My pregnancy journey was pretty smooth. I was very active and worked throughout my pregnancy.
Used to travel by local train from Dahisar to Prabhadevi everyday. I worked till 14th Jan and from 15th I could feel mild labour pains and finally on 17th Jan I got admitted at 5.30am and at 9.30am I delivered my beautiful baby girl. It was a normal delivery and thankfully I didn’t even have to take an epidural. It was a beautiful experience.

Abira believes that equal parenting is not just about raising the child, but also dividing other responsibilities in the house.

5. Husbands play a crucial role in bringing up a child, what are your views on equal parenting? How has your hubby helped you co-parent?

I completely believe in equal parenting and it’s not just raising the child but also dividing other responsibilities in the house. While today we both are involved equally, we had our share of challenges at the beginning where we had disagreements.

My husband is used to living with parents and for him everything has been always taken care of. So I had to take a stand and explain him about dividing work equally and to take equal responsibilities.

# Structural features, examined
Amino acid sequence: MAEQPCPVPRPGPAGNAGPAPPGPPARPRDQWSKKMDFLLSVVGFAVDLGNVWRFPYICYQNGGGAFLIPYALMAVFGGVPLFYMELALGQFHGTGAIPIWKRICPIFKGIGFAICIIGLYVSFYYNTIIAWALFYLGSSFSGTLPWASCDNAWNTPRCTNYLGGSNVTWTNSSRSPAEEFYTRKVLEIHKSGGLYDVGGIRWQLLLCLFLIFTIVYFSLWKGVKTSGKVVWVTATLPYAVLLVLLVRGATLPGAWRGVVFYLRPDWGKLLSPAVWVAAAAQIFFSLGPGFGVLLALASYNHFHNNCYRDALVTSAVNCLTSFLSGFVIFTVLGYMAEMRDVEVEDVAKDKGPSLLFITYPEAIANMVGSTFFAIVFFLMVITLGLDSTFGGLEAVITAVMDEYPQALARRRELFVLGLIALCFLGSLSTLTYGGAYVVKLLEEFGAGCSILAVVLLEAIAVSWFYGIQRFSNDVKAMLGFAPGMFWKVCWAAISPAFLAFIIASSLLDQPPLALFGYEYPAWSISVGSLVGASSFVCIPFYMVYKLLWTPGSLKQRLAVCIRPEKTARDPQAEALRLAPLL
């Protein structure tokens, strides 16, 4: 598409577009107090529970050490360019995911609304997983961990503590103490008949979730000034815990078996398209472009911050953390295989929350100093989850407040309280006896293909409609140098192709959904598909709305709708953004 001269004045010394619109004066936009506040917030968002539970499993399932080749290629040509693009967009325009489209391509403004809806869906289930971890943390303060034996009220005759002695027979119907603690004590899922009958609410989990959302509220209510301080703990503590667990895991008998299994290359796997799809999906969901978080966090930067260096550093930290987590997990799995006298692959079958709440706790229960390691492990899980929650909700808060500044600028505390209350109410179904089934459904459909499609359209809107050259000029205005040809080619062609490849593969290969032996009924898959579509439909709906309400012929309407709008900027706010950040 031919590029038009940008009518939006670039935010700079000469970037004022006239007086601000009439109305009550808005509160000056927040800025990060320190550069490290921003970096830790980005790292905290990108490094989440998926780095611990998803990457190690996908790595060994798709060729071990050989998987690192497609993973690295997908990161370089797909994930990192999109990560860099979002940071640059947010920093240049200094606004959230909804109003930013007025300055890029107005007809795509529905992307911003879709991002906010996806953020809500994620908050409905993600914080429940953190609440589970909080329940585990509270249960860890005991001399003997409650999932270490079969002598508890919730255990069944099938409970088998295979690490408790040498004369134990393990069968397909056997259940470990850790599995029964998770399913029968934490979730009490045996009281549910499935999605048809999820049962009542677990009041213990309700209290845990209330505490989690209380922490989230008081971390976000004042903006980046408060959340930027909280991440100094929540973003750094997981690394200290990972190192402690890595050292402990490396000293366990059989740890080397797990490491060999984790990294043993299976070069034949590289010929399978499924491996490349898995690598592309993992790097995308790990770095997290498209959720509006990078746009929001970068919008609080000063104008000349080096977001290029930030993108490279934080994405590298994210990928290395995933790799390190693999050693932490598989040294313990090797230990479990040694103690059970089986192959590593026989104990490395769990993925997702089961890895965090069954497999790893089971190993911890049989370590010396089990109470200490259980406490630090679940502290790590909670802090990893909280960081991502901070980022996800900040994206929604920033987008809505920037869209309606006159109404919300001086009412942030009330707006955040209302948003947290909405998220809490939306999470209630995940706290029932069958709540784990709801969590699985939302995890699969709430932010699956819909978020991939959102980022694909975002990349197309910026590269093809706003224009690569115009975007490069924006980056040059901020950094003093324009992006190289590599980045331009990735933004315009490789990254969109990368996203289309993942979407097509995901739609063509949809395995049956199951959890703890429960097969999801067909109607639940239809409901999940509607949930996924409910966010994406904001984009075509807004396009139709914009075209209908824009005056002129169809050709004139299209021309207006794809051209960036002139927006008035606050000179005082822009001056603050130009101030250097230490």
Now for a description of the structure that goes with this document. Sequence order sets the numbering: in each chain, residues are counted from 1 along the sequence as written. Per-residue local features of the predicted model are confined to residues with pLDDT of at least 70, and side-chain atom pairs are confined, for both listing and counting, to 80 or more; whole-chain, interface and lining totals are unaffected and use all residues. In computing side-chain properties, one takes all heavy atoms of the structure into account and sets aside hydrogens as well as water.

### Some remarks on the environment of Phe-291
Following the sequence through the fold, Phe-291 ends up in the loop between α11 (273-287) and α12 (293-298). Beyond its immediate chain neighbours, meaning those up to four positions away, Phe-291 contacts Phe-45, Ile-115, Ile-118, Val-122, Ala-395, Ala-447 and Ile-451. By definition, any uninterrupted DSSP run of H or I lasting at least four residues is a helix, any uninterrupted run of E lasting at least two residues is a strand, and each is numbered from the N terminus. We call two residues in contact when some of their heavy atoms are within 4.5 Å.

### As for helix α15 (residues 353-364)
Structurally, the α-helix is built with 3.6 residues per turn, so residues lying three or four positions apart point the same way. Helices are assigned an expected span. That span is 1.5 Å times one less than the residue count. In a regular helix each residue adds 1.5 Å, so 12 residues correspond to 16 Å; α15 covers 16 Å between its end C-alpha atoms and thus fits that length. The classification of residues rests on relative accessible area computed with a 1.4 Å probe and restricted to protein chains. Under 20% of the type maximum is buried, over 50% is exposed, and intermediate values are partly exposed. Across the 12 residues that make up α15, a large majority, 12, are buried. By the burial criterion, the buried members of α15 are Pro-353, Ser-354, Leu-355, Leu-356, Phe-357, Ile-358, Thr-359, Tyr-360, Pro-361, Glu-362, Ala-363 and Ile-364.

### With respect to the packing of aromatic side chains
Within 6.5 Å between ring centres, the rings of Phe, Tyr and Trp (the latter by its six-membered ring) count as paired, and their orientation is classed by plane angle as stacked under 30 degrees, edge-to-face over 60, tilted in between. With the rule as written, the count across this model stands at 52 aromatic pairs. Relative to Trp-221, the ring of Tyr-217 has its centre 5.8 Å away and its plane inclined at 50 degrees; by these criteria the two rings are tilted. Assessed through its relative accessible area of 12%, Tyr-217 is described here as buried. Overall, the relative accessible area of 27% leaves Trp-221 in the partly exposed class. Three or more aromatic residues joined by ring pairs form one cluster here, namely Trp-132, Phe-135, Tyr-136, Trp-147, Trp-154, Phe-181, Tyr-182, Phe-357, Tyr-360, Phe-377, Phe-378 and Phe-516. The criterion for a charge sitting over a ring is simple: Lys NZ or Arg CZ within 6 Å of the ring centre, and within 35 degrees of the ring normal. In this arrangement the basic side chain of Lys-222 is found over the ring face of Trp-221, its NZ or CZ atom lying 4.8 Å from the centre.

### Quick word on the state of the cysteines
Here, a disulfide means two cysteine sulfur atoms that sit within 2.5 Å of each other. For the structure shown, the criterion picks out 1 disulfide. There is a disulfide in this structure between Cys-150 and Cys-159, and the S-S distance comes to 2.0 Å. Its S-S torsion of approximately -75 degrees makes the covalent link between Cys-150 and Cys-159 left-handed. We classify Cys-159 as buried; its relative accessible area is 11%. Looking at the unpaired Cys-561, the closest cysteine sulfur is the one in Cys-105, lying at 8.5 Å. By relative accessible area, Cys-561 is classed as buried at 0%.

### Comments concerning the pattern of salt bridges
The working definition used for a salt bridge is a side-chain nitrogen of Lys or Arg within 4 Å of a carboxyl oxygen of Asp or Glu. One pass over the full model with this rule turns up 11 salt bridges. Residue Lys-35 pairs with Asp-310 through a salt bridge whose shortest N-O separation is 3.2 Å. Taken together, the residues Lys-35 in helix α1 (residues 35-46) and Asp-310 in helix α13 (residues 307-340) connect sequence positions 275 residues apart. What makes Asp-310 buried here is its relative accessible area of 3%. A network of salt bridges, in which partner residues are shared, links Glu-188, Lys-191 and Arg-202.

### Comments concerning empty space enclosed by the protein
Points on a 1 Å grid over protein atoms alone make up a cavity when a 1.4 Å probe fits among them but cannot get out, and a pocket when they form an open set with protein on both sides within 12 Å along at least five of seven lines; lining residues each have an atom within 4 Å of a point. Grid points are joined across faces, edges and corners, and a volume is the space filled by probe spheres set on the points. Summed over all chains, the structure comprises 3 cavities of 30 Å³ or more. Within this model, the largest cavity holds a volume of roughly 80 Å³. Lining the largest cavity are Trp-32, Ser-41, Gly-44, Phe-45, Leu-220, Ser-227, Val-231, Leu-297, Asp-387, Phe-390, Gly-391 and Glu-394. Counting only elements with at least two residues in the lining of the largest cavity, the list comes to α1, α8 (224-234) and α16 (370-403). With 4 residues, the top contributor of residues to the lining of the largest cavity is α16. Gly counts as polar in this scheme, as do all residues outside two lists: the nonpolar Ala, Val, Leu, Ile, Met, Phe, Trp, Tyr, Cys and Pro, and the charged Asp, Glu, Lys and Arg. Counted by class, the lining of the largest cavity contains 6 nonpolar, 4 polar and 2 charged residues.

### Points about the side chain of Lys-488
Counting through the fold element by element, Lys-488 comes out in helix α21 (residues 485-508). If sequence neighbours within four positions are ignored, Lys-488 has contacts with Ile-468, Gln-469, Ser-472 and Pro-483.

It was during the lockdown when I was overwhelmed with chores, baby, work. I had to ask him to step in because I was mentally not in a good space. Frustration was pentting up and it was all coming out on my little one. That’s when I decided to take professional help so I started therapy.

Even my husband came around and now he is a hands-on dad.

6. How has being a working mum changed your relationship with your child and husband?

I have a very beautiful balance as I love my job as much as I love my child and so I constantly let her know when I need to go to work. She is very understanding and mentally prepares herself on days I go to the office as we are currently following a hybrid mode of work.

I let my daughter know that I have work which is important and that she is important too. I do not want to choose between either of them. I wouldn’t be able to do it without the support of my husband as he has always encouraged me to work and tells me that our daughter will adjust. He knows I am the happiest when I am working so that helps me be a good mom when I am home.